- Jackie Mallon |
Wearing kaleidoscopic knitwear, the sharpest of tailoring, theatrical makeup, ladies’ and gents’ headwear and jewelry, David Bowie boldly dominated the fashion landscape throughout most of his lifetime, and continues to do so several years after his death. While his influence still ripples across runways, the “David Bowie Is” exhibit finally arrives in Brooklyn Museum. It has been on tour for five years, making 11 record breaking stops worldwide, and a major draw for visitors from Japan to Germany and all points in-between are the costumes from the singer’s personal archive.
The one legged knit jumpsuit from Ziggy Stardust’s glam rock trunk, the elegant tailoring of The Thin White Duke, the shoulder-slung herringbone coat and wide-brimmed fedora of The Man Who Fell to Earth, the belted trench and newsboy cap of his Berlin years, are all beautifully represented in photographs, video footage and clothing.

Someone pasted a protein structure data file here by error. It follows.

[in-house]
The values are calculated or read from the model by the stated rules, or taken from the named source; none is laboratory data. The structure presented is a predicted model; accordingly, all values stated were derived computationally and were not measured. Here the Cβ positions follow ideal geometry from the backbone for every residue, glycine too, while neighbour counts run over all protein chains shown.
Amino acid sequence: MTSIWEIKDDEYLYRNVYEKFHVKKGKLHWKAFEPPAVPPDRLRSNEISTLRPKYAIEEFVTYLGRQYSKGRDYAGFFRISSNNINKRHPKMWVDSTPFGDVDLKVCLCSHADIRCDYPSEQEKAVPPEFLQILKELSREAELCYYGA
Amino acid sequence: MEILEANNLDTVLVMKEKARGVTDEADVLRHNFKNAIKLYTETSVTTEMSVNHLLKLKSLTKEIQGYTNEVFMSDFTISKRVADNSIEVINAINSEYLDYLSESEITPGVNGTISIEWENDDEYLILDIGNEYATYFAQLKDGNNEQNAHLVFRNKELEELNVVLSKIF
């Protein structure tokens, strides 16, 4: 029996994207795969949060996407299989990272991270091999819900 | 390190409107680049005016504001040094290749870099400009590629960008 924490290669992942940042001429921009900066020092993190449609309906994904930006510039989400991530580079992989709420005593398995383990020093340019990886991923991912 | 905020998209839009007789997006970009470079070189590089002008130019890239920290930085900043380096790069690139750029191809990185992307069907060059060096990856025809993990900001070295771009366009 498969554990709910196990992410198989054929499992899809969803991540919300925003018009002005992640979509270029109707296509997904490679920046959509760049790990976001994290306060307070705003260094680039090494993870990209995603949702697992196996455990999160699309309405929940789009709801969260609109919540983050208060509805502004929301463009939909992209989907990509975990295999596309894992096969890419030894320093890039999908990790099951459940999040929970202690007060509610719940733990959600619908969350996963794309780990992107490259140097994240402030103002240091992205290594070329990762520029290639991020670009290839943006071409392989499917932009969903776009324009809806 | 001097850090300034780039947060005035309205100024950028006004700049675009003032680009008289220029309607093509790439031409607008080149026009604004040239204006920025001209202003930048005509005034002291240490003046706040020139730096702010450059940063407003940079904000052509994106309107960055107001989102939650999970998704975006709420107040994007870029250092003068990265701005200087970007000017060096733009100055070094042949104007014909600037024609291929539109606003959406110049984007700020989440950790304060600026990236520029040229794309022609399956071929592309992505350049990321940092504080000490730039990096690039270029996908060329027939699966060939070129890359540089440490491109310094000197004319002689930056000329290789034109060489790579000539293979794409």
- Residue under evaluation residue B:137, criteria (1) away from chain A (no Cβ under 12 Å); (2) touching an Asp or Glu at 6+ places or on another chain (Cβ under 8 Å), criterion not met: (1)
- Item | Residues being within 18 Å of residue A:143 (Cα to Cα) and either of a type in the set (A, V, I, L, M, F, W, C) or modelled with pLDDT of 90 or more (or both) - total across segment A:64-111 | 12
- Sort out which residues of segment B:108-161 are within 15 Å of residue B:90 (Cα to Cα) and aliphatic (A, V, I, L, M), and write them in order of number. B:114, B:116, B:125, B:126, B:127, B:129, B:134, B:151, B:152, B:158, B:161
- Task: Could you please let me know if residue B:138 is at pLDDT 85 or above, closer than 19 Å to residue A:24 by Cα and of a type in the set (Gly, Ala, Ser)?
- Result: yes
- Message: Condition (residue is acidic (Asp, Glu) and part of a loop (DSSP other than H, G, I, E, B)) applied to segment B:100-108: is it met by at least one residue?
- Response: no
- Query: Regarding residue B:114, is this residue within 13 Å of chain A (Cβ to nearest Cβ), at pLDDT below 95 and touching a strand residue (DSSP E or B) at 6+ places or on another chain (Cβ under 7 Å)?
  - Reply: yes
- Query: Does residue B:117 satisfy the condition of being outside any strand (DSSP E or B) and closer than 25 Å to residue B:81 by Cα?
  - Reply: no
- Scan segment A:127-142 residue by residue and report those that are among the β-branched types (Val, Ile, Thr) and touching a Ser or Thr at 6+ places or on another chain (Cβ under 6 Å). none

When the singer hit the heights of 80s commercial success, he favored strong-shouldered sorbet-colored suiting, then stripped it back for the dawn of the 90s with a tipped-back trilby and loosened tie reminiscent of Frank Sinatra.
As the millennium turned, he shapeshifted yet again from a swaggering Union Jack-emblazoned punk dandy into the slim-suited Dior mannequin so beloved of the French house's designer––and committed Bowie fan––Hedi Slimane. Finally in his wardrobe for A Reality Tour he places the spotlight on relatively unknown Brooklyn biker label, The Deth Killers of Bushwick.
Among the designers whose creations for the singer are on show are Freddie Burretti, Kansai Yamamoto, Natasha Korniloff, Issey Miyake, Giorgio Armani, Alexander McQueen, and Hedi Slimane.
The exhibit “David Bowie Is” runs until 15 July 2018
Photos courtesy of Brooklyn Museum